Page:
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Too much detail? or not?

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Postby AndrewF » Mon Feb 14, 2011 10:16 pm

What is considered too much detail in a game?

Let's say you have a kitchen in your game...

Do you fill it with all the normal kitchen stuff, eg cupboards, cooker, fridge, microwave, kettle, toaster, draws, etc?
And within the draws and cupboards, do you add pots, pans, plates, bowls, cups, knives, forks, spoons, etc?

And implement each of these as an object, static or dynamic as required, with their own description?

Or simply put in the bare minimum?

And which do you prefer as a player?

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Postby phkb » Tue Feb 15, 2011 12:27 am

Ah, kitchens. Next to bathrooms they are the bane of every IF writers existence. If you have to include a kitchen (because it's a house and all houses have kitchens), then players (particularly players who are picky) will want to interact with every element in the kitchen. Can you open the oven? Can you turn on the tap and get water? In the real world you could do all that. But in IF kitchens are largely used as a prop. Action might take place here, but mostly the kitchen is just background.

So, what do you do? As you point out, you can define everything. At the barest minimum, if it's mentioned in the room description, there should be a static object to match.

How much real-world modeling you do will be dependent on the the game itself. Is the game doing a lot of real-world modeling elsewhere, creating the expectation that all objects should be fully implemented? If so, it's better to dive in and do the implementation to maintain trust with the player. If the game is using rooms like props on a stage, making them simply places to be while other action takes place, then a simpler implementation is called for.

Can you have too much detail? It depends on whether you are beating the player over the head with it, or whether it's there if needed. That is, if the player walks into the kitchen, looks at a couple of objects and leaves, all the extra detail you added was unnecessary. If the player walks into the kitchen and you proceed to describe, in detail, every piece of equipment you put there, then yes, you've probably done too much.

My 2 cents worth, anyway.
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Postby Hensman Int'l » Tue Feb 15, 2011 2:24 am

The kitchen where an item needs to be found (a corkscrew)...

Here may be cabinets and drawer: find the junk drawer, search through it to find the corkscrew. Lots of detail with both static and dynamic objects. Maybe some tasks which gives the impression of an object (though not really there).

The kitchen as a passing through point...

Is it an abandoned room? Keep the objects to a bare minimum and let the responses be "You really aren't interested in the rusty old stove".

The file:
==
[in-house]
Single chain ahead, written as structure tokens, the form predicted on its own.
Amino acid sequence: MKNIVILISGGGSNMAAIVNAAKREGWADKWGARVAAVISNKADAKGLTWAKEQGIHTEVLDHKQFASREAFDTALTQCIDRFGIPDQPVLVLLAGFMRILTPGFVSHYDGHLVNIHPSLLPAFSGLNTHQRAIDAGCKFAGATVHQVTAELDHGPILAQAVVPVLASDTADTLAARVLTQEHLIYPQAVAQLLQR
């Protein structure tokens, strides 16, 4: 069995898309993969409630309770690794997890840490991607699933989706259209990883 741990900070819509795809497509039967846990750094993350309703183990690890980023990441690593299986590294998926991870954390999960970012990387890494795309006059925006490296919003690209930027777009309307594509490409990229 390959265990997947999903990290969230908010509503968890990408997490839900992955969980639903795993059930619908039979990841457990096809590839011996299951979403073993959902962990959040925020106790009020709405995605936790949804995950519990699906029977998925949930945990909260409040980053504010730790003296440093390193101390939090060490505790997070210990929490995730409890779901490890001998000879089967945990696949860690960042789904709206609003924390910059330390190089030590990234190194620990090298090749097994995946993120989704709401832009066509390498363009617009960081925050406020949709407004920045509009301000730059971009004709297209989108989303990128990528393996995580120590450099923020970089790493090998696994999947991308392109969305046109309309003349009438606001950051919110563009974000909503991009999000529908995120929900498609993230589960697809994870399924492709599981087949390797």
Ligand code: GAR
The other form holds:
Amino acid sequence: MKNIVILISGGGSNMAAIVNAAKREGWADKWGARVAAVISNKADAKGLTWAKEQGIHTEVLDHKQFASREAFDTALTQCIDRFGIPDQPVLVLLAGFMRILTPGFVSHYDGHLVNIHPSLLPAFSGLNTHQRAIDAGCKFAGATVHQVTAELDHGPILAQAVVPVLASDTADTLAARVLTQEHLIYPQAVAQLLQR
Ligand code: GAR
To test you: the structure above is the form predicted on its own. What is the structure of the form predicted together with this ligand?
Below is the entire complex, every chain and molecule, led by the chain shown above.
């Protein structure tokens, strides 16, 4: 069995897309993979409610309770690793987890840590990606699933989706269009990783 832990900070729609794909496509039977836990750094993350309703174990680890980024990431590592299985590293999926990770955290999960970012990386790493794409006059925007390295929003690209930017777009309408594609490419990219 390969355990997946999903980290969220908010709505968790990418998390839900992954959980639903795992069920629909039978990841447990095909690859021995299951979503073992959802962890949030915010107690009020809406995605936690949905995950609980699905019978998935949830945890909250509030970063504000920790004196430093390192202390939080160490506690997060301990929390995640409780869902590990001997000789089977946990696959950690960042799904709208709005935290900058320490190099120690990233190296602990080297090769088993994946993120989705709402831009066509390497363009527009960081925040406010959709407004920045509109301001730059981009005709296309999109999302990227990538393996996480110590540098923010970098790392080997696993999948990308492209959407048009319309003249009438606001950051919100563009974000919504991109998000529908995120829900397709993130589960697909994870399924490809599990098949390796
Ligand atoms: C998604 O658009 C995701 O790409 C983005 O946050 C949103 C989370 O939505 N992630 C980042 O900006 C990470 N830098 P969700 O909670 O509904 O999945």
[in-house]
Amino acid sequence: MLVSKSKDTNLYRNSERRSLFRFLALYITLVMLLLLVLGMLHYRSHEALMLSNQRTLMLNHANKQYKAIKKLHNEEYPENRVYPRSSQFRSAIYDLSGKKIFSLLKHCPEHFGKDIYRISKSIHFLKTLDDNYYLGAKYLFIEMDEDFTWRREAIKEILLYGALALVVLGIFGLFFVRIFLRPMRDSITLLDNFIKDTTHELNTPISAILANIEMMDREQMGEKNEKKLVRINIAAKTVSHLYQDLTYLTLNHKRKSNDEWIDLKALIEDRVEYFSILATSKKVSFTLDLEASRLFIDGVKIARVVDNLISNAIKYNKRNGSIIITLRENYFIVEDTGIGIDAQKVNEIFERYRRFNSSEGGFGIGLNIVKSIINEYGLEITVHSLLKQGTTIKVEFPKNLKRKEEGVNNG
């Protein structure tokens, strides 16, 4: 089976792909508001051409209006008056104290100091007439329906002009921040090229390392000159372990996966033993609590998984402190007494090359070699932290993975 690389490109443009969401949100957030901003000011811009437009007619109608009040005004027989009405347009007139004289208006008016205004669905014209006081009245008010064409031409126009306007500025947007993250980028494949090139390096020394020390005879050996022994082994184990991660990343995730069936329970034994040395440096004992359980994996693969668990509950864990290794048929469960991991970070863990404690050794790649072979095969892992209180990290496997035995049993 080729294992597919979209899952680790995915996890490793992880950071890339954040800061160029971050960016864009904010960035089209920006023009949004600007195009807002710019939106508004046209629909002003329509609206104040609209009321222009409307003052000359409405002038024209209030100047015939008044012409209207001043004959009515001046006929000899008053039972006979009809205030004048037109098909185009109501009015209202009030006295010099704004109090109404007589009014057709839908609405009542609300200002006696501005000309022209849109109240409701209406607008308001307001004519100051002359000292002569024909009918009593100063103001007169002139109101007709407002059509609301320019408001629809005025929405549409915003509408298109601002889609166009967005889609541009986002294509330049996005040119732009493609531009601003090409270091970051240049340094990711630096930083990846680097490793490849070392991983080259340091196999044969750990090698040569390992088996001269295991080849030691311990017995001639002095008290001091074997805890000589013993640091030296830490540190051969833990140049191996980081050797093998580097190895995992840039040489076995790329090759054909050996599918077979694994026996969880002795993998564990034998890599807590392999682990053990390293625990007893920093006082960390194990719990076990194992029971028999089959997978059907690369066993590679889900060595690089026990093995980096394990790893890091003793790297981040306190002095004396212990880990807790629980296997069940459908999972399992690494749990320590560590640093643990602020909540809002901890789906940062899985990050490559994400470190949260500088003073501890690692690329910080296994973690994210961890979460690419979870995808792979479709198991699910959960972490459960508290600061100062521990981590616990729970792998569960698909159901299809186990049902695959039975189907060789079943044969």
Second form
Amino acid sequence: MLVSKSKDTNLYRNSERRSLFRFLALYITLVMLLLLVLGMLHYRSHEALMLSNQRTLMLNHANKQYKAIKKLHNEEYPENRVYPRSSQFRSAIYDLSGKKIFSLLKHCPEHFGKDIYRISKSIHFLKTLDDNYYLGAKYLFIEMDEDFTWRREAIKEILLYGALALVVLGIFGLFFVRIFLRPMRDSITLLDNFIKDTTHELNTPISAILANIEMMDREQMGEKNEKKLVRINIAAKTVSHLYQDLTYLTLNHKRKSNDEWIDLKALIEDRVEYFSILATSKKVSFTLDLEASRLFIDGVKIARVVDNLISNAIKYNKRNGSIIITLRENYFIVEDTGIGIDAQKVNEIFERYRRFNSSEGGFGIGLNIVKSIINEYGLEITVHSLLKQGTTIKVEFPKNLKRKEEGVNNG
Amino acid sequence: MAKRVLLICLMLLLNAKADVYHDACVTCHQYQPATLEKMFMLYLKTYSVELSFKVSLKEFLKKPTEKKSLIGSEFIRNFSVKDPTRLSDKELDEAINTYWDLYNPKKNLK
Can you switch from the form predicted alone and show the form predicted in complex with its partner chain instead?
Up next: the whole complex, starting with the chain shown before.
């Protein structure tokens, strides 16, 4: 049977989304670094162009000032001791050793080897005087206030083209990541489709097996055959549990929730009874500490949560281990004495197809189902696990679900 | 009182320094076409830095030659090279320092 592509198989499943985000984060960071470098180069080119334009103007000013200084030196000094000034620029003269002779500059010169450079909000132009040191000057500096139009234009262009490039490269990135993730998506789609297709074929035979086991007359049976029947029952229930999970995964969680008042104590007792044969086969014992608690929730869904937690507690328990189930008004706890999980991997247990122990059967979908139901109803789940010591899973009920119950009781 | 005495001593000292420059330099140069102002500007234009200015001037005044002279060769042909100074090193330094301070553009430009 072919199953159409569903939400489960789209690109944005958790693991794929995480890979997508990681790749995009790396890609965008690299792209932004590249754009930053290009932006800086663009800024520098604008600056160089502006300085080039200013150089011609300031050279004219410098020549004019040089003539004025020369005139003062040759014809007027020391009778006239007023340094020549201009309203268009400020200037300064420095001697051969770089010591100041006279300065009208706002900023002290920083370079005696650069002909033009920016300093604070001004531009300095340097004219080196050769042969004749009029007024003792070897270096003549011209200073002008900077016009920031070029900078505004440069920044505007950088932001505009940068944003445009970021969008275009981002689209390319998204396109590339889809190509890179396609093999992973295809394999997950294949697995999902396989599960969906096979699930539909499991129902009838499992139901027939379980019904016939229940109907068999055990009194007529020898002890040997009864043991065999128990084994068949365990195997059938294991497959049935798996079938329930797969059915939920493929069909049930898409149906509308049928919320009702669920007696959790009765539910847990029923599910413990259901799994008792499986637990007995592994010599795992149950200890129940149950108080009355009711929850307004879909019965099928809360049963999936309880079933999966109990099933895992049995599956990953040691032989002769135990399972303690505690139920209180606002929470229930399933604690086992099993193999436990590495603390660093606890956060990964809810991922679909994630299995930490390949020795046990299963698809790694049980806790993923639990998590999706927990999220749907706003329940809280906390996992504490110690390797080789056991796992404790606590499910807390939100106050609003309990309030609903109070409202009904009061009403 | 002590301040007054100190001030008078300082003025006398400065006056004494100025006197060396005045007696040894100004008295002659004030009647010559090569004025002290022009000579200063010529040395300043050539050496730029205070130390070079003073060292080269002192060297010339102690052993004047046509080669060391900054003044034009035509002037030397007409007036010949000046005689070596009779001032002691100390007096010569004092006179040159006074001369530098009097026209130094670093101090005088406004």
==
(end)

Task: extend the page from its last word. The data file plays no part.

But what if it is a room used by your NPC's or ambience for the game? Perhaps some red herrings may be placed here, or simply let the player explore the room with some interaction.

I debated that myself with "Ba'Roo!" and decided to keep it and some of the objects. Whatever we recommend, it is still at the author's discretion to add however much detail they want. If you want to have full interaction with everything in your kitchen, never mind the critics, it's your game.
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Postby AndrewF » Tue Feb 15, 2011 12:15 pm

Thanks for the replies...

As I've been implementing everything mentioned so far in the less detailed locations, I guess I need to continue, even where there are large numbers of objects... :oh-no:
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Postby jankupila » Tue Feb 15, 2011 12:55 pm

I would like to see lot of details and that you can put spoon in the cup if you want in a kitchen. And, if you are skilled enough you can pick a lock with the spoon else where.

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Postby Thingamus » Wed Feb 16, 2011 5:06 am

Focus on your story, not your simulation. If the kitchen isn't important to your story, you could just cut the room out. Instead of actually having to walk through it, you could just tell players in a message that they pass through the kitchen on their way to wherever it is that's actually important to your story. What does your story have to lose if you remove the kitchen?

If a character has to cross a bridge to get across a river, but there's nothing interesting about the bridge, just implement the two sides of the river. Or, if the other side of the river isn't important at all, but the creepy mansion on the hill above it is, then maybe you'd want the next step to take the players all the way to its front door.
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